Re: -CURRENT compilation time

From: Guido Falsi via freebsd-current <freebsd-current_at_freebsd.org>
Date: Mon, 6 Sep 2021 10:47:19 +0200
On 06/09/21 10:08, Jeremie Le Hen wrote:
> Hey,
> 
> I want to build -CURRENT again from sources. It's been a long time
> since I hadn't done that. I'm shocked by the compilation time.
> 
> I started the whole thing on Friday night and Monday morning it's
> still in stage 4.2 (building libraries). Through occasional glancing
> at the screen over the weekend, it seems obvious to me that the
> compilation time is utterly dominated by LLVM.  Compiling C++ seems
> extremely CPU heavy and this is made worse by the fact LLVM is built
> twice (once for build/cross tools, once for the actual world).
> 
> So OK, my CPU is not the most powerful out there but it's still decent [1].
> 
> So I have a couple of questions coming to my mind:
> 1. Is there any optimization I could benefit from? (I'm sure there's a
> knob to use the existing compiler instead of building a
> cross-compiler.)

I'm routinely compiling head once a month or so on an "i7-6700 CPU _at_ 
3.40GHz" (from dmesg), slightly more powerful than an i5 but this is a 
relatively old one so not top notch anymore. It usually takes less than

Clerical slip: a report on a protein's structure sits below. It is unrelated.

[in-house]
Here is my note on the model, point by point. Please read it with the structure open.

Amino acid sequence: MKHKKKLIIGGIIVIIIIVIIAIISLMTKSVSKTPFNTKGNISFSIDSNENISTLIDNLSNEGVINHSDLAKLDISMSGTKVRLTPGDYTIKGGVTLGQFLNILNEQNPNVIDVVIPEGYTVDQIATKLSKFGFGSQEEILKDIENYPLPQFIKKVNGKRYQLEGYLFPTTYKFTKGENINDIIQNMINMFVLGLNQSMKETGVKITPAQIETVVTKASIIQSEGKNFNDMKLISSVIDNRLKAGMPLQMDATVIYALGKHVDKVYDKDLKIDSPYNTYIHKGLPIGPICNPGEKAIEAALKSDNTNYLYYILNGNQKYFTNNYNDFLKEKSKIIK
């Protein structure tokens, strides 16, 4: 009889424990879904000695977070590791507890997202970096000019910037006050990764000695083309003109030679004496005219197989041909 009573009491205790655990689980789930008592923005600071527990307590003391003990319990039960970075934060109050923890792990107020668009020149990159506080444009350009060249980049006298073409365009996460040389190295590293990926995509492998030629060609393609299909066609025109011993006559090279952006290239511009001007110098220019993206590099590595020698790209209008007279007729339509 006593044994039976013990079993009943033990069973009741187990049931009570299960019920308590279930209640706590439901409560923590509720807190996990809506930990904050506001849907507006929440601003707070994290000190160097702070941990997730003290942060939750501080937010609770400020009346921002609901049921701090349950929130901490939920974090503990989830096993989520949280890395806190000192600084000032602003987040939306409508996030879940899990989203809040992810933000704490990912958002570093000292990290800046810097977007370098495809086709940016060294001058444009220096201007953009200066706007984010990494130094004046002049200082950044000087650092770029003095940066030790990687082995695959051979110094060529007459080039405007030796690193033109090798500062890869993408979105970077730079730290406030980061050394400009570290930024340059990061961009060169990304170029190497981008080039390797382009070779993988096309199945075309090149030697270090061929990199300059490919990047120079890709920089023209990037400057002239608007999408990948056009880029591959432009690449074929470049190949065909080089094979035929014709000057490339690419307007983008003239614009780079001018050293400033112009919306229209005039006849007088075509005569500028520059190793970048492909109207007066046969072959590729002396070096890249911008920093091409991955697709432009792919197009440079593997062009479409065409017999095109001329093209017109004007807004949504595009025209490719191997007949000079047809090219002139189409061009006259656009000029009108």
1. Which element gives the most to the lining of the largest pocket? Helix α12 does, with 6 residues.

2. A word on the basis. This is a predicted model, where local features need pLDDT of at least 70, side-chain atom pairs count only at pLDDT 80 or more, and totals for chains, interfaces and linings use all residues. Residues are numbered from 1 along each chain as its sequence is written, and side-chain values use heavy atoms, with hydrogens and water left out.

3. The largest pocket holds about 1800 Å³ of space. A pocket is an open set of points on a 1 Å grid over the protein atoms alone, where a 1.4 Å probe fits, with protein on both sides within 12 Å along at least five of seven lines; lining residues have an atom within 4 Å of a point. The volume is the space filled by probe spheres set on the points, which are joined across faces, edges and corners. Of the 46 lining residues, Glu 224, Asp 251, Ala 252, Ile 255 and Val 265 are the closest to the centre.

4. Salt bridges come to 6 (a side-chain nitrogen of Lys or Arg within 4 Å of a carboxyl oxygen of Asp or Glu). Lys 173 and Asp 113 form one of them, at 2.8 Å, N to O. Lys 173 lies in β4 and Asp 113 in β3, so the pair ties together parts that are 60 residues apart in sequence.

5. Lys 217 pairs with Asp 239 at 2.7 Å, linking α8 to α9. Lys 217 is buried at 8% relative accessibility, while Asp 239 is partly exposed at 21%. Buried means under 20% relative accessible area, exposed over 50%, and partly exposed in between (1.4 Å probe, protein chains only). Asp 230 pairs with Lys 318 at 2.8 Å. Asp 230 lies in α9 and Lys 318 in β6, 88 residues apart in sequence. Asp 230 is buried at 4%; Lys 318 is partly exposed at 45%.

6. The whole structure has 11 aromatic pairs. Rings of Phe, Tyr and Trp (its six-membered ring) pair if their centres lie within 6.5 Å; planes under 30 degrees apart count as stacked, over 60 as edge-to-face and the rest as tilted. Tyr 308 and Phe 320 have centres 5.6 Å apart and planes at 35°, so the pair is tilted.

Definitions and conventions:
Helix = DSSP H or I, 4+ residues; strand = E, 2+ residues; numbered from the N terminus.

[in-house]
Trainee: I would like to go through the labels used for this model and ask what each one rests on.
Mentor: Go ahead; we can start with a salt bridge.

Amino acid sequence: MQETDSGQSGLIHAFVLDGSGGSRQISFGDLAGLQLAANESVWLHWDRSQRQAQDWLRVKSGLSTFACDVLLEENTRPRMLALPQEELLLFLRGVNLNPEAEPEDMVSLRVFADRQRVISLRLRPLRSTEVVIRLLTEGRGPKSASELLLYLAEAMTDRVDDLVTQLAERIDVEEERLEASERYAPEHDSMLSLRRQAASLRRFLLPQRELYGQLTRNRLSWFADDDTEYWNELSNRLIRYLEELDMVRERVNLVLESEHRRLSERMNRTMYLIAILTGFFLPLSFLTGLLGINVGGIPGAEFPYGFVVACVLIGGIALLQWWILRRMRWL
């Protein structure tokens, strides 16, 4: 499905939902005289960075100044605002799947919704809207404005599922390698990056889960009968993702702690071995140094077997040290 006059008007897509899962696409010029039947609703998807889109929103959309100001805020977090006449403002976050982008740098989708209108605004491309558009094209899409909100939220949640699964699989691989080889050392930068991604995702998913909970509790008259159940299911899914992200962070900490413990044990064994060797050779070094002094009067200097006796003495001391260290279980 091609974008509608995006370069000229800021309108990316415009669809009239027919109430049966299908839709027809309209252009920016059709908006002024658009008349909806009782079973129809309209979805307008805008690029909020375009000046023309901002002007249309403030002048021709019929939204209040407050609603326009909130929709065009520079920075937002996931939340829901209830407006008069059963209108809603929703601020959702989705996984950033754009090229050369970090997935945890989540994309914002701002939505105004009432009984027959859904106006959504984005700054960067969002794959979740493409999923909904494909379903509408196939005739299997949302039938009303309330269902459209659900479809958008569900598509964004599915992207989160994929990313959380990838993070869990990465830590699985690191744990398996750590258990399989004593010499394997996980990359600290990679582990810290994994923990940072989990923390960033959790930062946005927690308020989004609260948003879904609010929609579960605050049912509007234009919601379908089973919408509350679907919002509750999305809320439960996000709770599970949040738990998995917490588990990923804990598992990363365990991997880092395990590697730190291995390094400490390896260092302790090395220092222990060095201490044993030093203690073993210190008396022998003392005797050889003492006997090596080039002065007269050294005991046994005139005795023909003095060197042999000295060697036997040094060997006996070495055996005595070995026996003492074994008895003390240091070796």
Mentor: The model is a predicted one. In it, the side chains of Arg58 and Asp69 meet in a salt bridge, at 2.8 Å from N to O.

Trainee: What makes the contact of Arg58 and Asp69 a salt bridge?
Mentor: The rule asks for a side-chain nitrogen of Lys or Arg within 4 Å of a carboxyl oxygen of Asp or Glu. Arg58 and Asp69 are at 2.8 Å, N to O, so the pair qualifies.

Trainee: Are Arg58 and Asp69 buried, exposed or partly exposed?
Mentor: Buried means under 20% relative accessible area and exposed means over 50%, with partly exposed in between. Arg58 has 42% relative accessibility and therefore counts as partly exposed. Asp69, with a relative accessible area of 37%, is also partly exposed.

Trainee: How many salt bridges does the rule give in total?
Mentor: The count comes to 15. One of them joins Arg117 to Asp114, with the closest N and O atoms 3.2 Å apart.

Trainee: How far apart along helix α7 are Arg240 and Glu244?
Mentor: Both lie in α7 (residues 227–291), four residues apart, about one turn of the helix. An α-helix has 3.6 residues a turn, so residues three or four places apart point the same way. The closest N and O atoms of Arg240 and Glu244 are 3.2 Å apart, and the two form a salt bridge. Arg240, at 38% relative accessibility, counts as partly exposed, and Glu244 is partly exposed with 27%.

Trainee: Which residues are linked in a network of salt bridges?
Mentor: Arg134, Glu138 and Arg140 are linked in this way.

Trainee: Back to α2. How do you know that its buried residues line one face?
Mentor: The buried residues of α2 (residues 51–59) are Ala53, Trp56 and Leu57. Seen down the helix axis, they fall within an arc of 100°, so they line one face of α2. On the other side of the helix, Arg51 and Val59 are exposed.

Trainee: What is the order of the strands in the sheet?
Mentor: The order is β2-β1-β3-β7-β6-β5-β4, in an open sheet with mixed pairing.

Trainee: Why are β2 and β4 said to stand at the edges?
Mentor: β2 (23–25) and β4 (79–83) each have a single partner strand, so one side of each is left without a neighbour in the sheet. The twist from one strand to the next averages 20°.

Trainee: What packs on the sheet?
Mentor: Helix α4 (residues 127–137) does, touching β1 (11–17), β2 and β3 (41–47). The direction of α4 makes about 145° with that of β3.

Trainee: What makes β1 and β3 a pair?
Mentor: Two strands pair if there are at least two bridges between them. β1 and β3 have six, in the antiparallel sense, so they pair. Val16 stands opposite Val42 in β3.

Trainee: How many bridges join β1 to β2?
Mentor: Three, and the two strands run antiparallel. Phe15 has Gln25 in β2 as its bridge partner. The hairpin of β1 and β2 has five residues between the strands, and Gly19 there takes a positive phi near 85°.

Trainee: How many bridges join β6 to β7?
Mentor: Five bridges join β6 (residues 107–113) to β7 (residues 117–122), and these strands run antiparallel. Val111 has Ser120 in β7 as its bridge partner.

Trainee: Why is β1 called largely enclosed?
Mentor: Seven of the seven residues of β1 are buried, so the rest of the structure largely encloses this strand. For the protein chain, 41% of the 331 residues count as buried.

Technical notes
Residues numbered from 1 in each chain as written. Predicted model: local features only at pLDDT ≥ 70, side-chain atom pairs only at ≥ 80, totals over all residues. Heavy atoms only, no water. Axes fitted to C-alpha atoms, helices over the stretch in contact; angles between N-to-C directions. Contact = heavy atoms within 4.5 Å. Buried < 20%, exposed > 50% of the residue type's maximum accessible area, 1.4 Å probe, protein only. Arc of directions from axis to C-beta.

4 hours. I also build a NanoBSD image from scratch from time to time to 
an even older i5, which takes a little longer, but always under 6 hours, 
so the build times you report look anomalous.

So as already suggested make sure yiu are using parallel make jobs (-j 
option to make) and memory is large enough (I think you need at least 2 
GiB for make job is the minimum to not risk thrashing.

You should really enable meta mode (look for WITH_META_MODE in 
src.conf(5)). It will not help the first time but will help a lot in 
future recompilations with an already populated /usr/obj.

You could also investigate using ccache, which again will only help for 
successive rebuilds, and will consume a fair amount of disk space.

Another consideration, my builds are happening on SSD disks, with swap 
on SSD, if you have everything on spinning media that is also a slowing 
factor. If you have plenty of ram you could build in ram, which is what 
I'm doing with poudriere for ports and it really speeds things up (even 
SSD disks tend to get slower when hit with a constant high load of mixed 
read/write accesses, which poudriere with parallel builds sometime causes)

Hope this helps!

-- 
Guido Falsi <mad_at_madpilot.net>
Received on Mon Sep 06 2021 - 08:47:19 UTC

Original text of this message